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Sensitivity of Tumor Motion Simulation Accuracy to Lung Biomechanical Modeling Approaches and Parameters

J Nasehi Tehrani

j nasehi tehrani1*, Y Yang2 , R Werner3 , W Lu4 , D Low5 , X Guo6 , J Wang1 , (1) UT Southwestern Medical Center, Dallas, Texas, (2) University of New Mexico, Albuquerque, New Mexico, (3) University Medical Center Hamburg-Eppendorf, Hamburg, (4) University of Maryland School of Medicine, Baltimore, MD, (5) University of California, Los Angeles, CA, (6) University of Texas, Richardson, Texas


TH-CD-303-3 (Thursday, July 16, 2015) 10:00 AM - 12:00 PM Room: 303

Purpose: In this study, lung and tumor are modeled with separate materials and three types of material with their biomechanical parameters were systematically investigated to minimize the tumor center of mass (TCM) motion simulation error between two respiratory phases.
Methods: Tetrahedral meshes of the lungs and the tumors were created and biomechanical parameters are assigned to them as two separate homogenous materials. Three different linear and nonlinear hyperelastic models are investigated, including linear isotropic elastic model, Neo-Hookean compressible material model, and Uncoupled Mooney-Rivlin material model. The registration has been done between the end-expiration (phase 50%) and maximal lung deformation (phase 0%) 4D-CT using the demons registration algorithm and the lung surface deformation vector field (SDVF) was extracted from voxel DVFs as boundary conditions for the finite element model (FEM). A Quasi-Newton FEA was performed to simulate displacements of the lung and the tumor. The patient-specific optimal parameters were estimated by minimizing the TCM motion simulation error in eight patients.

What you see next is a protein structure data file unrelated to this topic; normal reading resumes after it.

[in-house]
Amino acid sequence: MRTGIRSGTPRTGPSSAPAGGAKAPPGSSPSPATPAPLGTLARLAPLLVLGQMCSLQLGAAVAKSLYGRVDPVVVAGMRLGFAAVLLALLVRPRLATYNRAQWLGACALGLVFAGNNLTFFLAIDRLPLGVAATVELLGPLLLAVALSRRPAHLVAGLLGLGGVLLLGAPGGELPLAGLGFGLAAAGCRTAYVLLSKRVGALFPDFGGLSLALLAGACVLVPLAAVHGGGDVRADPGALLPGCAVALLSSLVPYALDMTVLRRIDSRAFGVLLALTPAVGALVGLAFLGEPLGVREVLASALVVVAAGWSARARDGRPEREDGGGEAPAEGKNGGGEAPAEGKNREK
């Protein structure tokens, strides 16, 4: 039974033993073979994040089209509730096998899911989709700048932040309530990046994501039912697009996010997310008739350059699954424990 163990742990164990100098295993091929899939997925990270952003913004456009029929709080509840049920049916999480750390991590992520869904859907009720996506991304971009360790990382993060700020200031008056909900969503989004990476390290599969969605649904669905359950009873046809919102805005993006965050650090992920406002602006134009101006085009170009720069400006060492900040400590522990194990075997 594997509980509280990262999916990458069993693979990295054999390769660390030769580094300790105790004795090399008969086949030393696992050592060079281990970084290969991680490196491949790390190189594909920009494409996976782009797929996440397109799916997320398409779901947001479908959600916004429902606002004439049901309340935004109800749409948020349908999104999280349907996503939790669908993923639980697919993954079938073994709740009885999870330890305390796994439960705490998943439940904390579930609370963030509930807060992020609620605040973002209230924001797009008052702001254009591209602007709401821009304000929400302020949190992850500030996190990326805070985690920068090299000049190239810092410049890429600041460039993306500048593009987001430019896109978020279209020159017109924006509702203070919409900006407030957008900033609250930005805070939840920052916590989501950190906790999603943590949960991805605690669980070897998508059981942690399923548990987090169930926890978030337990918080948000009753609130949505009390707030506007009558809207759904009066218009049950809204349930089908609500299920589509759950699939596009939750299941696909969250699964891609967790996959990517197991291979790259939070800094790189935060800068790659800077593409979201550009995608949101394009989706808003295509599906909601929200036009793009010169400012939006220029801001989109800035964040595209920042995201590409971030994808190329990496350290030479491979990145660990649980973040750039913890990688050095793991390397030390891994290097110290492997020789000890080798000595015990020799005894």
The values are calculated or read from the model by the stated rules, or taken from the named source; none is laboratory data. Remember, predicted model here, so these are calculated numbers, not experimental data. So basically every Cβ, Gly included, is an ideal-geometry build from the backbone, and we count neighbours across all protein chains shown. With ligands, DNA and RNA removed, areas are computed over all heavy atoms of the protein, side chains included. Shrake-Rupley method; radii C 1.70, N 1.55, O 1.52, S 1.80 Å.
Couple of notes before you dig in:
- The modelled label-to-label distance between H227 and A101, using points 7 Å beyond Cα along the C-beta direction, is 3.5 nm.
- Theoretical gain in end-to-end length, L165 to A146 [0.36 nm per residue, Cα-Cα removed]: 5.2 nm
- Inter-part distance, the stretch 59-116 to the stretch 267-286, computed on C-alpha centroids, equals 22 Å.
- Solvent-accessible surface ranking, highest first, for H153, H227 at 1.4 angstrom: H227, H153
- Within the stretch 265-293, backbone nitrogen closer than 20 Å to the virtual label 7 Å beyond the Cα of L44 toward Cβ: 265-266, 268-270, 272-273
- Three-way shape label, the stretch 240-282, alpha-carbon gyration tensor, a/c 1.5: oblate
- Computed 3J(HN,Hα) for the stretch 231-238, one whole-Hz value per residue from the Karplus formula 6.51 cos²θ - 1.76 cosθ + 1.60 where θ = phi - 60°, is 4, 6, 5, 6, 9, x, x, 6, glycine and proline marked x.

Results: Among the three investigated models, the uncoupled Mooney-Rivlin material shows highest TCM simulation accuracy. The TCM motion simulation error shows more sensitivity to the lung biomechanical parameters in comparison to the tumor parameters. The average TCM simulation error for the Mooney-Rivlin material model along left-right (LR), anterior-posterior (AP), and superior-inferior (SI) directions is 0.80mm, 0.86mm, and 1.51mm, respectively.
Conclusion: Finite element analysis (FEA) based biomechanical modeling can be used to predict lung respiratory motion. In FEA-based biomechanical modeling, material and biomechanical parameters are two important factors that can improve the modeling accuracy. The proposed strategy provides a reliable way to estimate patient-specific biomechanical parameters in FEM for lung tumor motion simulation.

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